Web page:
A file photo shows people line up to snap up Chanel products in Beijing. (Photo/Chinanews.com)
Both the Chinese mainland and Hong Kong continue to experience a slowdown in spending on luxury goods, with a slowing economy dampening consumer confidence, according to Deloitte China.
David Lung, the company's managing partner, consumer products and retail sectors, made the remarks after reviewing the third annual Global Powers of Luxury Goods report, published by Deloitte Global on June 7.
The report found that the average sales of each of the top 100 luxury goods companies reached $2.2 billion in 2015.
Salvatore Ferragamo SpA earned 321 million euros ($358 million) in revenue for the January-March quarter this year, down 1.8 year-on-year, according to its interim financial results for the 2015-16 fiscal year, ending on March 31.
The Asia-Pacific region, its top market in terms of revenues, saw revenues fall by 3 per cent year-on-year in the January-March quarter, mainly due to deterioration of the business in Hong Kong and Macao. The retail channel's revenue recorded a fall of 6 per cent.
Prada Spa, which is traded on the Hong Kong stock exchange, saw its profit for the full year to January 31 fall 26.6 percent to 3.3 billion euros, from 4.5 billion euros.
Clearly, the economic environment became tougher for luxury goods players in 2015 and the first quarter of this year.
Difficult times in Asia had a significant impact on sales throughout the region, especially in Hong Kong and Macao, where a decline in local consumption and tourism hurt harder than elsewhere, the report said.
The Asia Pacific market's net sales fell 4.4 per cent year-on-year to 1.08 billion euros in 2015, despite being Prada's leading market, due to the downturn in Hong Kong and Macao.
The Chinese market ended the year with net sales of 705.8 million euros, down by 8.3 percent.
The Deloitte report examined and listed the 100 largest luxury goods companies globally for 2015, based on sales.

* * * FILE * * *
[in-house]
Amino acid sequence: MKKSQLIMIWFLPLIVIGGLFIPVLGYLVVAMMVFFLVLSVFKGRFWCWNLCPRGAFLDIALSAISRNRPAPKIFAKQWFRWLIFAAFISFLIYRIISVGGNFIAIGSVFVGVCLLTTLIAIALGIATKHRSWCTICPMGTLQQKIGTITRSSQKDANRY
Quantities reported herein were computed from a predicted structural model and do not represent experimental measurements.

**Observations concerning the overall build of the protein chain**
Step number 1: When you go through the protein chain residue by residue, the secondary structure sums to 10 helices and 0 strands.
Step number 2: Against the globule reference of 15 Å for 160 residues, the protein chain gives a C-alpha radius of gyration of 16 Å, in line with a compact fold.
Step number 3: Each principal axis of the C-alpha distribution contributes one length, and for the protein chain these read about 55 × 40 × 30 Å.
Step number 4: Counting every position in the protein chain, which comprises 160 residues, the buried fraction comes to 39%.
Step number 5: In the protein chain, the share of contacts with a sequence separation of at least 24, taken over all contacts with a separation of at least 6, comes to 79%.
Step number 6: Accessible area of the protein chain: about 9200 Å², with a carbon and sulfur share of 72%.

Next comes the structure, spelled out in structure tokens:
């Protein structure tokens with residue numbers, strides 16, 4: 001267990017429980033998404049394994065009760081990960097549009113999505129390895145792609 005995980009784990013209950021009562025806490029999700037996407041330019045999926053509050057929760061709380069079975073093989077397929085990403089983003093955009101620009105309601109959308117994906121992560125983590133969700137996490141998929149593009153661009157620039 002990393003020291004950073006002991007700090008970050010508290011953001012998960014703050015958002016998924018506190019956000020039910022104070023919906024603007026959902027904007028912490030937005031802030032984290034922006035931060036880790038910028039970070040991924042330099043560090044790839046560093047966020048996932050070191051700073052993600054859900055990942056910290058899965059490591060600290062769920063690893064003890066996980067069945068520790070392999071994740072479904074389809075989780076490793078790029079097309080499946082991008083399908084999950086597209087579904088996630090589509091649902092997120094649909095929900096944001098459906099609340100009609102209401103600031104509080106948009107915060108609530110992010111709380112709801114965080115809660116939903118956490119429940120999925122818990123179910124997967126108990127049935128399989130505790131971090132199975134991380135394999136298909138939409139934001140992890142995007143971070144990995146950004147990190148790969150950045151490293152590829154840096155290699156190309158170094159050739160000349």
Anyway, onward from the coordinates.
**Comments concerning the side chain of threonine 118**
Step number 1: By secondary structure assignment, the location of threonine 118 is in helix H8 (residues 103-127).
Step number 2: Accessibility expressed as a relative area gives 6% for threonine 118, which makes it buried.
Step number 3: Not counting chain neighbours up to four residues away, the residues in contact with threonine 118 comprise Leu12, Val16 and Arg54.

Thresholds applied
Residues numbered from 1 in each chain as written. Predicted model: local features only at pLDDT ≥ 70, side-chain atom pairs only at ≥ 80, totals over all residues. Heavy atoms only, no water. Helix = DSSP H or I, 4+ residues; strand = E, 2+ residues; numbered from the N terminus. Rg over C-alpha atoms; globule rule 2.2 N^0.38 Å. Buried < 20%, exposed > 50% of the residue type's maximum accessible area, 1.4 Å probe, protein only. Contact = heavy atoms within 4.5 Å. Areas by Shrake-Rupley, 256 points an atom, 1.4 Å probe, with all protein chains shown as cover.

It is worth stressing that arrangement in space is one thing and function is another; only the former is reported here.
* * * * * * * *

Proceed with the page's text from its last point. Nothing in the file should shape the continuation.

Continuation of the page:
China is still driving much of the volume growth in luxury travel products, and this will continue as the next generation of potential luxury shoppers enter the workforce and start accumulating wealth.
Overall, Chinese consumers are the travel sector's biggest spenders and they remain strategically important for luxury brands. There are more than 400 million millennials in China, which is more than the working populations of the US and Europe combined.
Prices are no longer their primary concern; instead, they are more interested in buying brands and products with high quality and character, the report said.
Many wealthy Chinese tourists are staying away from the Hong Kong market, the report said. The middle class consumers who used to visit Hong Kong mainly for shopping are now turning to overseas markets or cross-border e-retailers for better prices.
On the Chinese mainland, the slowing economy has resulted in reduced spending; the government measures against luxury gifts in the corporate sector have also had an impact.
"There is a shift in the luxury path-to-purchase. Empowered by social networks and digital devices, luxury goods consumers are dictating increasingly when, where and how they engage with luxury brands," said Patrizia Arienti, Deloitte Global's fashion and luxury sector leader, EMEA region.
"They have become both critics and creators, demanding a more personalized luxury experience, and expect to be given the opportunity to shape the products and services they consume."
Ira Kalish, chief economist, Deloitte Global, said, "The global luxury goods sector is expected to grow more slowly this year, at a rate many retailers may find disappointing."
"The growth rate is slowing in important markets such as China and Russia, although some markets continue to perform well and there are pockets of opportunity across the globe. India and Mexico, for example, are growing quickly, and the Middle East offers further growth potential."
The key findings of the report also include luxury's new normal — that the luxury goods sector has now passed the mid-point of the "decade of change". The first half was characterized by the Chinese consumer and the explosion in the use of digital technology. The second half of the decade is expected to be characterized by discipline.
The external environment is likely to change in crucial areas, including an evolution in consumer buying behaviors, the merging of channels and business model complexity, an increase in international travel, the growing importance of the millennial consumer, and the continued impact of the global economy, according to the report.
To be sure, demand for luxury goods is growing. Sales for the world's 100 largest luxury goods companies continued to grow despite economic challenges, although the rate of growth was less than that in previous years.
Profit margins were higher than the previous year and the polarization of company performances was greater, with more high performers achieving double-digit sales growth and profit margins, while others experienced double-digit sales decline.
Italy is once again the leading luxury goods country in terms of the number of companies. With 29 companies in the top 100, it has more than double the number based in the US, which has the second-largest number.
However, Italian companies account for only 17 per cent of luxury goods sales among the top 100 — these predominantly family-owned Italian companies are much smaller, with average luxury goods worth $1.3 billion, compared to $3.1 billion for US companies, the report said.